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To treat or not to treat?

Hi I’ve been diagnosed for just over 18 months and as things improved for me after diagnosis and also probably because I wanted this whole thing to not be real, I opted for no treatment no further contact with neuro however I would contact my GP if things changed for me, now Ive had time to digest I’m wondering if I need to get to grips before things get worse, I’m still not keen on treatments and am relatively young (33) however my balance and co-ordination suck and numbness in my leg is more coming than going so I’m thinking maybe I should do something but I’m not sure what’s best, still very confused and angry with diagnosis but I would welcome any help you can offer, thank you

Hi Lugor, with the symptoms you are experiencing now I would suggest you take a visit to your gp. If your legs are being affected then there is always the possibility that you could have a fall and end up breaking a bone.

Janet

x

Hi Lugor

I understand your concern - it was exactly the same for me when I was diagnosed earlier this year. The neuro said I could have DMDs and I said no, but would think about it.

I did some of that thinking on this forum and got great replies from some of the lovely people on here.

My conclusion was simple. If it is during relapses that the risk of disease progression and increasing disability is at its highest, then taking drugs that are proven to reduce the frequency of those relapses must be a good idea.

So I got started on Avonex, a weekly injection which for me is no bother at all to do. It does give me flu like symptoms for the next couple of days - but they are not severe and I can live with it. I have agreed that I will change to Tecfidera tablets in January if the side effects continue.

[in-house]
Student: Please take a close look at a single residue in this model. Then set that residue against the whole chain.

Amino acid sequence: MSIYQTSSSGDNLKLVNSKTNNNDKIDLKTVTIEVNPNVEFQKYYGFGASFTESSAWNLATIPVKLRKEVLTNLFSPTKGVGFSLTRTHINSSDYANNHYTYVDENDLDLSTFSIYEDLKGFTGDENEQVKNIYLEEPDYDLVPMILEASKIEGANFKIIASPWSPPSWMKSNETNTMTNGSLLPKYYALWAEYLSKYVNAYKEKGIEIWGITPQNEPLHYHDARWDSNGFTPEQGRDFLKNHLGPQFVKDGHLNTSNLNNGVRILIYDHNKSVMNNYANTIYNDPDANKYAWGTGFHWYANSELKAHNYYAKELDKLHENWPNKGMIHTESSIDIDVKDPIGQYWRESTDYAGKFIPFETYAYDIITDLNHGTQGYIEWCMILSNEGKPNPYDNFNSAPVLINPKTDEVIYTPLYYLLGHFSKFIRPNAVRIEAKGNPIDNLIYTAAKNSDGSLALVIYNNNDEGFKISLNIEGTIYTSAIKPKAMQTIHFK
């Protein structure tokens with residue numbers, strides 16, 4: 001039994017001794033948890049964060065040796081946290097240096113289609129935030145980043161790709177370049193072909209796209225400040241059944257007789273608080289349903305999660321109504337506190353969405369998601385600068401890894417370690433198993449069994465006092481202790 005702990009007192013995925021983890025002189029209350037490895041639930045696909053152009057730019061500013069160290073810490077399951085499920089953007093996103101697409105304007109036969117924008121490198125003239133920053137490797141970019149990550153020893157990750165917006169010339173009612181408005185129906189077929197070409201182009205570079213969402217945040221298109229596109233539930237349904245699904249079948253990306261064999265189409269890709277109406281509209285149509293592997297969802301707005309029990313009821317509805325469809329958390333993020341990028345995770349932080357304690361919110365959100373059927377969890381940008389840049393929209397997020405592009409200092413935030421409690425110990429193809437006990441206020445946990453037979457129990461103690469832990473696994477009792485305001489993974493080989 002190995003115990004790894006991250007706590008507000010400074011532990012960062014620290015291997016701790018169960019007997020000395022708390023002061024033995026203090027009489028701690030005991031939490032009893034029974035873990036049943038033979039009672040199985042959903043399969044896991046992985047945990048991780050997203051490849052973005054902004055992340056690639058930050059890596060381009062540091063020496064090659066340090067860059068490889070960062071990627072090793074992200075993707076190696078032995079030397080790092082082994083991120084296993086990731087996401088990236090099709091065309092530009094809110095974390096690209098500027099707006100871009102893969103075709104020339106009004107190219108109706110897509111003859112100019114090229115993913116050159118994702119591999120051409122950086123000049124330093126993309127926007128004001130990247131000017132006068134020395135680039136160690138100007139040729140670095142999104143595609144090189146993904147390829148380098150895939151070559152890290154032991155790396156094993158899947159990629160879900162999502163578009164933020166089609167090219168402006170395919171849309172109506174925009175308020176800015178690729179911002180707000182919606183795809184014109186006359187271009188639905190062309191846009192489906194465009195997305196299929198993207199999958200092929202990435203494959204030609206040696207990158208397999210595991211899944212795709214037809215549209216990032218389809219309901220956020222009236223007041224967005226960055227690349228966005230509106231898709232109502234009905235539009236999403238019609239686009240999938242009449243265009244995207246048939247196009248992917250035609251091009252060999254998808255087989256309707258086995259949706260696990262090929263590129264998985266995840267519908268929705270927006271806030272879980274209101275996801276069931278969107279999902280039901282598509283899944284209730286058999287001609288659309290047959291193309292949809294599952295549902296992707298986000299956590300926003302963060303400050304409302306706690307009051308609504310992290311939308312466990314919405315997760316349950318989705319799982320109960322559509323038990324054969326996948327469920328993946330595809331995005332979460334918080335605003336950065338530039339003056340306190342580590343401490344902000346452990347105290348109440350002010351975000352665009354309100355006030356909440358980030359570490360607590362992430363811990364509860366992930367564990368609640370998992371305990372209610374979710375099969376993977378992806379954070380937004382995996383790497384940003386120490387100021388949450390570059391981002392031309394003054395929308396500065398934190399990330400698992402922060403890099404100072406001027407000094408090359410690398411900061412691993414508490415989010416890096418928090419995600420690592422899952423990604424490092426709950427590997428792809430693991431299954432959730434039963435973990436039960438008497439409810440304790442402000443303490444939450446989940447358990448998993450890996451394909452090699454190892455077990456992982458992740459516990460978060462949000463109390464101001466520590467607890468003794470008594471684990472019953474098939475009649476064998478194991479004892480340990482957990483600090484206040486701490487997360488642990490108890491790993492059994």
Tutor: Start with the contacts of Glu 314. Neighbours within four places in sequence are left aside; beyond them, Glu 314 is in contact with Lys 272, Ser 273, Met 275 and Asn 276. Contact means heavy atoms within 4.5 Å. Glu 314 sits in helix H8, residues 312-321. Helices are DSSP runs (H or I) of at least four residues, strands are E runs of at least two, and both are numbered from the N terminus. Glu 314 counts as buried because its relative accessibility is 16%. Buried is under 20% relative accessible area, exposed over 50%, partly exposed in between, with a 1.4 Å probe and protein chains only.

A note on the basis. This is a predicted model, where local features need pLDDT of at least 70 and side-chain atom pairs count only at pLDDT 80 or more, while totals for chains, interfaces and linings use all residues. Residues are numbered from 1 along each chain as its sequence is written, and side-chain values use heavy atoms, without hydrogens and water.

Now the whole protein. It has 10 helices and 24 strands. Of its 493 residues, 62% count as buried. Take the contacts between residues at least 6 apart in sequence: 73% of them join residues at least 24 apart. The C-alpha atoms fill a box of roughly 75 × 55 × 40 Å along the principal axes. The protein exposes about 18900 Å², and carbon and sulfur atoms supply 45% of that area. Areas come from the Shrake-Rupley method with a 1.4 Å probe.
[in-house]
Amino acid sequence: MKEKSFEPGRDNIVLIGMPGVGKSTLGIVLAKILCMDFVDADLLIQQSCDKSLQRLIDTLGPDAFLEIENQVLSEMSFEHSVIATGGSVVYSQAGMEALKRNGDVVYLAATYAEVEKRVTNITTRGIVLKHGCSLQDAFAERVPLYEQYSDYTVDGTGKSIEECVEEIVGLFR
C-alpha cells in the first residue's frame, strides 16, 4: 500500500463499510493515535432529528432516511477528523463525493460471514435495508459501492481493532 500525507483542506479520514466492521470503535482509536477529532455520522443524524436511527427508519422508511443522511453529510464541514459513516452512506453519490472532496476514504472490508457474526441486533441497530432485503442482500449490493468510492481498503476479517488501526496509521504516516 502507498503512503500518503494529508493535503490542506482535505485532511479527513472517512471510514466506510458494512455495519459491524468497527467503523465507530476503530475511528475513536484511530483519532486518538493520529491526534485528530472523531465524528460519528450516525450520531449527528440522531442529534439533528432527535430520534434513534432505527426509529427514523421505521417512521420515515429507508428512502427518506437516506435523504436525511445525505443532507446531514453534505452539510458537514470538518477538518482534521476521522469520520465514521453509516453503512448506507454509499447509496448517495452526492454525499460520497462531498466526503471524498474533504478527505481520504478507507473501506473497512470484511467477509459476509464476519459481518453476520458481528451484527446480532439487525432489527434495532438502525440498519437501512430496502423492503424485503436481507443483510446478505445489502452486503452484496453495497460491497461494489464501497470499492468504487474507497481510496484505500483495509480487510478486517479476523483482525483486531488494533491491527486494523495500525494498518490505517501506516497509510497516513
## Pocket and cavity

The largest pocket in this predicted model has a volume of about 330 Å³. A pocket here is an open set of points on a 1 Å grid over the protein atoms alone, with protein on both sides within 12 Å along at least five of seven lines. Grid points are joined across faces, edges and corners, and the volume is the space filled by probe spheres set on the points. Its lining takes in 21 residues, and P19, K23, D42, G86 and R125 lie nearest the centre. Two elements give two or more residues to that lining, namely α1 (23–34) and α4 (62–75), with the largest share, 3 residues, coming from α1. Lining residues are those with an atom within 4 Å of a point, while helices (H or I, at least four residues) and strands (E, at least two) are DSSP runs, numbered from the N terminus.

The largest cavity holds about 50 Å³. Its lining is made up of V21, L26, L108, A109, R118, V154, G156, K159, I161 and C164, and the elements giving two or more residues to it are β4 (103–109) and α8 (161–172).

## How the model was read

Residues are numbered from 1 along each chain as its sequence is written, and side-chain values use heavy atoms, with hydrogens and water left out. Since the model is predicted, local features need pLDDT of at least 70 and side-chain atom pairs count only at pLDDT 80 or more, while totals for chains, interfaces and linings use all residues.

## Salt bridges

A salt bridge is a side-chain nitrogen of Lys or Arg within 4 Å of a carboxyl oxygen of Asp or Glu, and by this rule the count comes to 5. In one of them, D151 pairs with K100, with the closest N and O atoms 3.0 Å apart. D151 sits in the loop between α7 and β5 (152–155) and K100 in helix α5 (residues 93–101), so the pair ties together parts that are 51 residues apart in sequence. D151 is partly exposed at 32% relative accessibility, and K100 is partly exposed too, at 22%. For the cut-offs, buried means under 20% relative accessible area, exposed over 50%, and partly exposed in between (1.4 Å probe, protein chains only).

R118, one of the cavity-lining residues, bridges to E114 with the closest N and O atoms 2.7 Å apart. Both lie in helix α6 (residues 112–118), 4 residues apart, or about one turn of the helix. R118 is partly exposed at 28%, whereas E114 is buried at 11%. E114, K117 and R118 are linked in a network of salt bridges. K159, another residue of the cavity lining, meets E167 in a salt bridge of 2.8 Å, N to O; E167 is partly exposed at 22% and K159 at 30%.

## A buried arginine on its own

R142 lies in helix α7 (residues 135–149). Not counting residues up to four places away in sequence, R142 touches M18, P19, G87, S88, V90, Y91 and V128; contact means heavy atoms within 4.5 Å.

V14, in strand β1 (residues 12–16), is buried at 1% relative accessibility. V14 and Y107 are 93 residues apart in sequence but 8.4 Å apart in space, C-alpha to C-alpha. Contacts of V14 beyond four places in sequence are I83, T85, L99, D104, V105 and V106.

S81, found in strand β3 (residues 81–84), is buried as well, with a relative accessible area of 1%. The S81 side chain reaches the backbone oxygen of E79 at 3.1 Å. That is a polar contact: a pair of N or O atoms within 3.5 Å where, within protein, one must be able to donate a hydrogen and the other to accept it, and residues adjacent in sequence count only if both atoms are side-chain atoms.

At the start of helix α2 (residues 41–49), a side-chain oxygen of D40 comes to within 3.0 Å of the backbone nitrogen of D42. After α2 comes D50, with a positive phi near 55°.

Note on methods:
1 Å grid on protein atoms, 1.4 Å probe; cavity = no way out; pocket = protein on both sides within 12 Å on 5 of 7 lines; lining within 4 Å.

It’s a personal decision of course, but having thought it through I decided it was a no brainer.

​Best of luck with everything

David

I was in denial for 12 yrs :wink: 12 yrs on I’m still doing so well, no issues, feeling healthy overall. But my neuro still suggested i do something to keep me well so i started tecfidera. No side effects for me. It’s a 2x a day tablet which makes the whole disease easier to swallow :wink: I’m 31, btw… Take your time deciding. X

Lugor. My advice would be this: get on tecfidera. and get on it now.

People say to do what you think is right and not to rush your decision, but frankly, why wait?

Tecfidera and many other facilities are out there and all can be beneficial with next to no side effects, with any sides that are endured being easily managed and dispelled.

The diagnosis of MS is crappy, and i mean full on bull5hit. But you have the means by which it needn’t impact upon the life you wish to lead.

Being a pragmatic bugger, I indulged the fantasy of denying what has happened for about one day. I then decided it would be far more prudent to take this bull by the horns and to stack the odds in favour of a more optimistic prognosis.

A rich life is one that is full of challenge; MS is just one of yours. So please, get to it.

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I’m with Paulo. Once you’ve got the disability, the drugs probably won’t make it go away. If you go on them earlier, you may never be disabled.

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I agree with Paulo too.

I’m stuck with MS, but don’t want to be an easier mark than I can help. So I keep ducking and weaving, reaching for the newer, stronger, more effective drugs as I need them, keeping the fingers crossed that there’ll be something even more effective by the time I need it. I’m not trying to ‘beat MS’ or anything stupid like that: no point. But I’m not going to leave any ammunition in the locker either.

Alison

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Lugor

You have to live with the decision, so you have to make the decision.

Peoples opinions are just that, their opinions.

I jumped straight into Avonex couple years after I was diagnosed, I was feeling the effects of the MS and decided I needed disease modifying drugs, how wrong I was. I went downhill at a rate of knots and have been confined to a wheelchair since then. I realise some people advocate certain medications, but for them to say that is no or minimal side-effects is again an opinion. What is the stuff doing to your insides?